Pence property tax plan helps business, hurts the homeowner
Errington wants to repeal protected taxes for schools
By Rick Yencer
MUNCIE, INDIANA (NEWS) - A bold property tax plan by Gov. Mike Pence has lawmakers and others wondering about the future of government and education.
Pence proposed to repeal taxes on business equipment that would take $1 billion out of government and school coffers, some that already have been emptied by tax caps and protected tax levies.
Sen. Doug Eckerty, R-Yorktown, a member of the Senate Appropriations Committee, was unsure how much attention the governor's plan would get, since he offered no way to make up the lost revenue.
The Legislature will reconvene Tuesday after a winter storm that shut down Indiana and taxes could be an issue in the short session.
Rep. Sue Errington, D-Muncie, has filed a bill to repeal protected tax levies for schools, giving local educators more leeway in spending. That comes after property controls left Muncie Community Schools without much of a transportation fund and little way to recover the lost money.
Pence's plan has the support of Rep. Jack Lutz, R-Anderson, in principle, but he also said the money had to be made up, and he was unsure how that could be done.
Lutz. like other Republican lawmakers supported phases out inheritance taxes and other corporate income taxes besides imposing tax caps for business, farms and homes at the expense of government and schools.
Any further tax reduction, even to benefit creating jobs and the economy, would have to offset, both Democratic and Republican lawmakers agree.
Sen. Tim Lanane, D-Anderson, Senate minority leader, doubted there would be much change in property tax rules in a short session that also is an election year for the 100 House members and half of the 50 Senate members, including himself and Eckerty.
"I don't think the state could afford to do that," said Lanane, about repealing personal property on equipment. "That would be the last straw."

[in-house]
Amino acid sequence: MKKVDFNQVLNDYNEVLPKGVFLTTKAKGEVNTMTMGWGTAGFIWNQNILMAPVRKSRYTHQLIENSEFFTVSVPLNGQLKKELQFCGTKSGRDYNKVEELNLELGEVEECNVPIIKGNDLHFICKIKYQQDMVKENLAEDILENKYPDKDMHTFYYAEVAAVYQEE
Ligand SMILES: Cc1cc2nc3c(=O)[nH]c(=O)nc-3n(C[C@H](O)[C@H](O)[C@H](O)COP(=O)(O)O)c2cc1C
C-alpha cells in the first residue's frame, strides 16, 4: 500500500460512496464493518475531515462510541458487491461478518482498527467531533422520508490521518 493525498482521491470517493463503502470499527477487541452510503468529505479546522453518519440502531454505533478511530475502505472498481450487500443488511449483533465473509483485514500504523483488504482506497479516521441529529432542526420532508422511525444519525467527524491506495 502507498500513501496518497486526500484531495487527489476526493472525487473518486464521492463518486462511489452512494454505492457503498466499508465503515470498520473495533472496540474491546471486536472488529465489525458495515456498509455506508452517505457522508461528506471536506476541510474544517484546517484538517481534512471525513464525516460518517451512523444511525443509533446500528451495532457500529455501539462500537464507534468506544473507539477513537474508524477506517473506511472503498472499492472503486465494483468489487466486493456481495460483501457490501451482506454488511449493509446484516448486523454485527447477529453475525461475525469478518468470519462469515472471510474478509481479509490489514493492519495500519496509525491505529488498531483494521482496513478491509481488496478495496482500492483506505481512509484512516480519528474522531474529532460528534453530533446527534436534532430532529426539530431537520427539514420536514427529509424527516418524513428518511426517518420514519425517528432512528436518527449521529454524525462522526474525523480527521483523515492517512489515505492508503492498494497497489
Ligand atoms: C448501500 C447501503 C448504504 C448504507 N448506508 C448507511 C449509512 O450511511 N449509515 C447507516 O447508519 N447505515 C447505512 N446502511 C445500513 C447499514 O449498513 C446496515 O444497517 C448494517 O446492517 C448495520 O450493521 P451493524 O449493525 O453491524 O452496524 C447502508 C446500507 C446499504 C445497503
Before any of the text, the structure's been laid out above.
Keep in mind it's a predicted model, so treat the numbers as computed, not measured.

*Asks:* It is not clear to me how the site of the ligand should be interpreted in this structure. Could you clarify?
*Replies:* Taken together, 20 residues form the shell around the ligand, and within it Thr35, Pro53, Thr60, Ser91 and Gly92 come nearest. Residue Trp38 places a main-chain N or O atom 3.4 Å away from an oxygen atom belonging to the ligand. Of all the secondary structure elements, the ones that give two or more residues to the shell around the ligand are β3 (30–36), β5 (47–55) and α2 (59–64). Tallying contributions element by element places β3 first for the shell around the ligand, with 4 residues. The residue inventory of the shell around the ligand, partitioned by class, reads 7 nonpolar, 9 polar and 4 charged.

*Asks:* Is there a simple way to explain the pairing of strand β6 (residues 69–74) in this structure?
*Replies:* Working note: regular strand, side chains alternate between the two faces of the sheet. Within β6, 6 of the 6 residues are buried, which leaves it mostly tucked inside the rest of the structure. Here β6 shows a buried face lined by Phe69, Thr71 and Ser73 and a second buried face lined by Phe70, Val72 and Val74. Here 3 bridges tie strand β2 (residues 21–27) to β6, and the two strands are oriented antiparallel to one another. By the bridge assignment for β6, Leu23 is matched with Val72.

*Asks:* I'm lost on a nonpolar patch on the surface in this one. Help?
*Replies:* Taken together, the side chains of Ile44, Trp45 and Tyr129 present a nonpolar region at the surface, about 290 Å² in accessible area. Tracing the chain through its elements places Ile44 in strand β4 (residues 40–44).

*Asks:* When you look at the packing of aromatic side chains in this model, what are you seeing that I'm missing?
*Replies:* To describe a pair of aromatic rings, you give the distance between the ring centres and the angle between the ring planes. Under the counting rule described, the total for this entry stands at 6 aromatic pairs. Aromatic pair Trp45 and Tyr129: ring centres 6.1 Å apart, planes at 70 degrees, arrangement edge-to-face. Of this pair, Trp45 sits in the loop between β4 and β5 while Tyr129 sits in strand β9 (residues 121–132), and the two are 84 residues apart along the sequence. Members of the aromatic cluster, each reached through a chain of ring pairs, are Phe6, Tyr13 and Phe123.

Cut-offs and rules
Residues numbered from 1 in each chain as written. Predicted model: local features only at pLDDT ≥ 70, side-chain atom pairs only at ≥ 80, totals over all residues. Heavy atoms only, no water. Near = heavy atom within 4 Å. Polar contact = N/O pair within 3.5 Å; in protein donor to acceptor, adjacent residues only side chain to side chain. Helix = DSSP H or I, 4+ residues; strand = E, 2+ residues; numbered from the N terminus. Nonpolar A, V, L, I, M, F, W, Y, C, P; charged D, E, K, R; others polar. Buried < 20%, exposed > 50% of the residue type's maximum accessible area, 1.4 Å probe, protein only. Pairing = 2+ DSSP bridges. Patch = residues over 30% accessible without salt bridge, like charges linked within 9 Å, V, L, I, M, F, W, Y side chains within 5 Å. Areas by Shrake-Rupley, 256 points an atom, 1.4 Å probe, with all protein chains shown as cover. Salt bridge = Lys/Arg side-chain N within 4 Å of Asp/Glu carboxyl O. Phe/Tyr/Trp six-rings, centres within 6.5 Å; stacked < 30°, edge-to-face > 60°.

The windfall in business taxes would benefit big companies like Eli Lilly, Toyota and General Motors by millions while homeowners could pay an extra $175 million in property taxes, according to Legislative Services Agency.
And cities and towns could lose $175 million, according to the LSA with schools hit another $150 million.
Muncie schools already is in debt $50 million and has consolidated high schools and could end bus service since its $77 million budget is not enough to operate.
Muncie city government depends on millions in federal dollars just to keep firefighters employed and that money runs out soon, leaving local officials to raise income taxes or reduce public safety.
Rep. Tom Saunders, R-Lewisville, believed everyone wanted to pay less taxes until their streets were not plowed of snow or trash went uncollected.
The mayor of New Castle recently told citizens that the city had limited means to plow snow, which upset some motorists, Saunders said.
Saunders, a veteran lawmaker, also was unsure what tax issues might get traction at the Legislature. But he did not think government and schools could afford any less revenue.
Eckerty said the governor's plan would get a hearing, and he thought the Senate also might take a look at tax increment financing districts that take money from new development and put it back into infrastructure and utilities to benefit that new business.
Delaware County and Muncie has numerous TIF districts that takes money that would normally go to government and uses it for new development. A recent plan would create a south Muncie TIF to attract new development there.